I think most of us would agree that the events of the past year have marked a period of divisiveness and uncertainty in America. I was reminded of this during this past weekend, when I happened to watch a CNN special commemorating the 30th anniversary of 1968, another tumultuous period in our nation’s history. While watching, I felt as if a time warp had transported me back to some of the most eventful years of my life. I realized that what happened that year will forever be seared in my mind; imprinted in my DNA.
Sometimes over the course of a life, there is a cosmic confluence in which many historic events take place within a relatively short period of time. It can be overwhelming. During such periods, our nation and its people, as well as both our friends and political enemies across the globe, often see their lives and relationships transformed; sometimes for good, and sometimes not.
In August 1968, my husband, Larry, graduated from Texas Tech University. His graduation was one of our collective dreams – we could mark it off our list of “things to accomplish.” Yet, important as that milestone was, Larry chose to skip his graduation ceremony so that we could spend time with family.
I was pregnant with our daughter and Larry had been accepted to Officer Training School in San Antonio. Before he left, we headed for Alabama to visit his grandmother, grandfather, aunts, uncles and his cousins.
Pilot training would be next for him, which would be followed by his deployment to Vietnam. Larry’s lifelong dream of becoming an officer and pilot in the US Air Force was finally set in motion to become reality. As soon as our baby was born, I would enroll again at Tech to finish my degree.
One evening, Larry’s relatives gathered at his Mama’s and Papa’s little cottage for dinner. It reminded me of my daddy’s families reunions. The family ate on the back porch, the front porch and at a picnic table in the front yard, while Larry’s aunts and uncles took turns telling stories about Larry before his dad, the Chief Master Sargent, married his mother. Larry had always been so confident and mature, it was intriguing to see him blush and grin like a teenager. We ate early so we wouldn’t miss anything of importance at the Democratic Convention in Chicago.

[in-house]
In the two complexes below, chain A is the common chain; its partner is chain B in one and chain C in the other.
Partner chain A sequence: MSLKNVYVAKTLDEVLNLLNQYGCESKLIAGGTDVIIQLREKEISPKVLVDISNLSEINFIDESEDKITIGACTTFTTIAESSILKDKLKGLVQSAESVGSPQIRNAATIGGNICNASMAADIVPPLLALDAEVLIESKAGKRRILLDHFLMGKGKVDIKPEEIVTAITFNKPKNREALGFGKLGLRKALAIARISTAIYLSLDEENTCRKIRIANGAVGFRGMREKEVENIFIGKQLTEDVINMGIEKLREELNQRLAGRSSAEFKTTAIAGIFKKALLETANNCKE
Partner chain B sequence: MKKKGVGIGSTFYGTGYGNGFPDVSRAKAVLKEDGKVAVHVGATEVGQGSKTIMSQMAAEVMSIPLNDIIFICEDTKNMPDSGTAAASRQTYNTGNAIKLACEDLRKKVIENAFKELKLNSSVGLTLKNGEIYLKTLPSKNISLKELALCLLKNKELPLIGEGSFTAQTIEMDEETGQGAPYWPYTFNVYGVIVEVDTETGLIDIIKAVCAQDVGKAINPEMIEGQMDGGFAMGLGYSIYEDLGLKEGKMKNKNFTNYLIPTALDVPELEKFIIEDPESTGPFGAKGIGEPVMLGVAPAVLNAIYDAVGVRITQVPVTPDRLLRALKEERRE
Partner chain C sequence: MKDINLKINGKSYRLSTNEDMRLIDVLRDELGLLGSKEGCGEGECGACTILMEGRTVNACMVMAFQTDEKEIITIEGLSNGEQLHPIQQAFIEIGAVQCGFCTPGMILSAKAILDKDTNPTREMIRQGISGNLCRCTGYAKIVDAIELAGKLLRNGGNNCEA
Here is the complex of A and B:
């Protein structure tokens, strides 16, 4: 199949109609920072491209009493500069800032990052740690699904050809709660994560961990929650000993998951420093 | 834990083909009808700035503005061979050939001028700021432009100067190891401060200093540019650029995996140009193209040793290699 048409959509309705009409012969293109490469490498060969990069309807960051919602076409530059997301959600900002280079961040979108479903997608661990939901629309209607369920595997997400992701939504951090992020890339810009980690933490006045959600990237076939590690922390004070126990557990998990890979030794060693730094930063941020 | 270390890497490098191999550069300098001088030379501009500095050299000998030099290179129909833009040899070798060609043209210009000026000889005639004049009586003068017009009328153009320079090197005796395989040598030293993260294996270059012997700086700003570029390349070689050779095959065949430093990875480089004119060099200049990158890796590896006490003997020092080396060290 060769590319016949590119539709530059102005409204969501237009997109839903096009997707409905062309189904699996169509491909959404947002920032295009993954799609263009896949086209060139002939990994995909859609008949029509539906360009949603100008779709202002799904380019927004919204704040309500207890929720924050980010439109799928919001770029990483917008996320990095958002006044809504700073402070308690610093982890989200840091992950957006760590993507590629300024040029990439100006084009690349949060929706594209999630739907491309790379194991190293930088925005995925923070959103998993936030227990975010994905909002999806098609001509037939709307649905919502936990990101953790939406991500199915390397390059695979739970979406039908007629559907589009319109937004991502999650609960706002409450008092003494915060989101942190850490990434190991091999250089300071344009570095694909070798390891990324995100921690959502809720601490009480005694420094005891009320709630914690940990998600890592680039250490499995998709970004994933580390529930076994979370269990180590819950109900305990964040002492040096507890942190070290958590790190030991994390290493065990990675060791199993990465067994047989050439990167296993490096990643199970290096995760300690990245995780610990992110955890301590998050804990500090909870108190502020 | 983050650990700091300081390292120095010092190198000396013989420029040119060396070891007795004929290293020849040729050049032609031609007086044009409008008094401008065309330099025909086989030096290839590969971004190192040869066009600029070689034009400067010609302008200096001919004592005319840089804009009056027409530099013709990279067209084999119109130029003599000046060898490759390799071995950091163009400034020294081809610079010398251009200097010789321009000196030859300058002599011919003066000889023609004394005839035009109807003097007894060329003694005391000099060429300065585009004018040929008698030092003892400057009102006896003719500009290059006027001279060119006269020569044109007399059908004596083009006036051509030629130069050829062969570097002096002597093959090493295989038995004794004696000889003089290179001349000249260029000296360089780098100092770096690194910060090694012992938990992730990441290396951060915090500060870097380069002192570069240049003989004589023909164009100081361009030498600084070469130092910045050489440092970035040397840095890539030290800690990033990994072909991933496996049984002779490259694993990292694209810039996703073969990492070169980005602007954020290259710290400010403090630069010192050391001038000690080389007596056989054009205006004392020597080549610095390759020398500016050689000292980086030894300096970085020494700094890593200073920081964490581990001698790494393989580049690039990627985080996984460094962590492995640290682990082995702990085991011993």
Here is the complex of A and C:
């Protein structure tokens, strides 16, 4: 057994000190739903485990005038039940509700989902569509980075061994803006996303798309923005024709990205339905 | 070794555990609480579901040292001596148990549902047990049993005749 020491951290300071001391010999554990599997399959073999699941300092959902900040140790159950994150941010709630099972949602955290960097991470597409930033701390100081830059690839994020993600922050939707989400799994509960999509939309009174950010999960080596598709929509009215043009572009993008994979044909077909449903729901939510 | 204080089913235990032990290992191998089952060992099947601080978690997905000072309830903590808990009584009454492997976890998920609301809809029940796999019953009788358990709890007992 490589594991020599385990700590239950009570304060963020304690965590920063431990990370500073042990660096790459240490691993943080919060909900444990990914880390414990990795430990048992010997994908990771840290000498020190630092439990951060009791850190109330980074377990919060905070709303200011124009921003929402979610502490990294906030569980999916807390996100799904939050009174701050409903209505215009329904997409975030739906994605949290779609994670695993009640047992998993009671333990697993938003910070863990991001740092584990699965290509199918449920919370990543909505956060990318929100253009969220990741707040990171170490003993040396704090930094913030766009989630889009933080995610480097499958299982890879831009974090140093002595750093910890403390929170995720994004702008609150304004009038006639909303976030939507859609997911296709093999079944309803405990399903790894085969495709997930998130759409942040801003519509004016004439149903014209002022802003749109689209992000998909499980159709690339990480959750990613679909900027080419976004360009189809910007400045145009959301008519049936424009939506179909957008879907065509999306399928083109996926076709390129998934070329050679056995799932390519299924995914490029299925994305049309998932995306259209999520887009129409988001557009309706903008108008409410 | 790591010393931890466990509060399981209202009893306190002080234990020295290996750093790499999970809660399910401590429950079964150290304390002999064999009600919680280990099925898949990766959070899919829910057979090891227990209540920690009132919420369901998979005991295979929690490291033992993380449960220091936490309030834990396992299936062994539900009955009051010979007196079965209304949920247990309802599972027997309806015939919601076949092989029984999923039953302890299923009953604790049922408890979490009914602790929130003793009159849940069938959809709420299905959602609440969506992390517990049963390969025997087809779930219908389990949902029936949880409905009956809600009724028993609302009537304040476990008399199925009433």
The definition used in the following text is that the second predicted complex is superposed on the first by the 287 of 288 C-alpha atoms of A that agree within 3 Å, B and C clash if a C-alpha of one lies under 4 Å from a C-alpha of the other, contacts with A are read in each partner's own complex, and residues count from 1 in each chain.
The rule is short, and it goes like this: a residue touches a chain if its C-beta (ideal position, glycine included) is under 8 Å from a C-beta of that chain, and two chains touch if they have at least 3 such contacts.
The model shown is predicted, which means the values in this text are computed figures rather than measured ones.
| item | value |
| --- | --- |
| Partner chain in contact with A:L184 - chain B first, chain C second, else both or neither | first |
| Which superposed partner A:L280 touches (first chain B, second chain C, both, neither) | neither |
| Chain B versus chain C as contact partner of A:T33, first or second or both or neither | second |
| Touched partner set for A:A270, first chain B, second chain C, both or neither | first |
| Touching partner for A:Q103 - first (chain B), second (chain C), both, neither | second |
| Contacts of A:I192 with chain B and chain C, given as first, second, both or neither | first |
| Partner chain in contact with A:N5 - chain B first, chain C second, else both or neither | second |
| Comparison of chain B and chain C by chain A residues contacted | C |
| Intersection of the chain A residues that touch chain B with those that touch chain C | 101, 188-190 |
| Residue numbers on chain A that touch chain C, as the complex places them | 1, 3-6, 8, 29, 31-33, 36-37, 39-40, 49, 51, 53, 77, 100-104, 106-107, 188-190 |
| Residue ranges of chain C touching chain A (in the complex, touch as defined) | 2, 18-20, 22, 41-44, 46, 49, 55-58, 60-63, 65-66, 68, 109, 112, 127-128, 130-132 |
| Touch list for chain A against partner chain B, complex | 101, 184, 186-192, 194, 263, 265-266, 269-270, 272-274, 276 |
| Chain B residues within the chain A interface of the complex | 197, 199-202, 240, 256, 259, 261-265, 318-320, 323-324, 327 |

After dinner, everyone helped Mama and Papa clean up the dishes, so we’d be ready when the convention speeches came on. The men moved some of the kitchen chairs into the tiny living room and the children sprawled on pillows on the living room floor, while storytelling and teasing filled the room.
When we turned on the television, the riots in Chicago were front and center of the coverage. The news commentary reported that the riots were a direct result of the Vietnam War and the assassination of Reverend Martha Luther King in April. The anti-war movement was burgeoning.
Some of the family members began to boo when the protesters were shown on the television and some of their comments were rude and demeaning. I started to feel uncomfortable and I realized Larry did too. I didn’t know if he was uncomfortable or trying to shield me from the sometimes-ugly chatter. Larry grabbed my hand, “Tyra, we’re going for a walk, the moon and stars are spectacular at night out here in the mountains. There’s no lights to distract from the beauty of the night sky,” he said loud enough for everyone to hear.
Once we were outside on the porch, he whispered, “My family means well, and they’re entitled to their point of view, but the night stars are a better show than anything we’ll see inside. Besides, it’s calm and quiet,” he finished as he clasped my right hand tight.
It was a period when riots and protests against the War in Vietnam had become the norm across the country. Though I didn’t say anything to Larry, a dark cloud enveloped me as I thought about his dream to fly in the United States Air Force. Some days and nights I told myself he might get an assignment other than Vietnam, but I knew that was a fantasy. Everyone who was drafted or joined the service seemed to end up in Vietnam. Why did I think Larry would be different?
I’ll always remember Larry’s words that night. In the end, he did deploy to Vietnam in 1970 and, in 1971, his small Cessna plane was shot down in Laos and he was killed.
Recently I wrote a blog highlighting the divisions in our country and spoke about the importance of coming together as Americans. Our country’s Pledge of Allegiance is a clarion call to come together, yet, too often we take our great country and each other for granted.
The times were turbulent during the 1960s and, especially, in 1968. After remembering and contemplating the past, I am more hopeful these hardline divisions will pass. History teaches us that periods of great upheaval can help bring about positive change and set the stage for a better future.
One of our greatest strengths, as a nation, is our precious right to freedom of speech. As a former educator, I think we could benefit from some of the things we were taught in kindergarten – for instance, always speak respectfully to others and treat others how you want to be treated.
© Tyra Manning 2018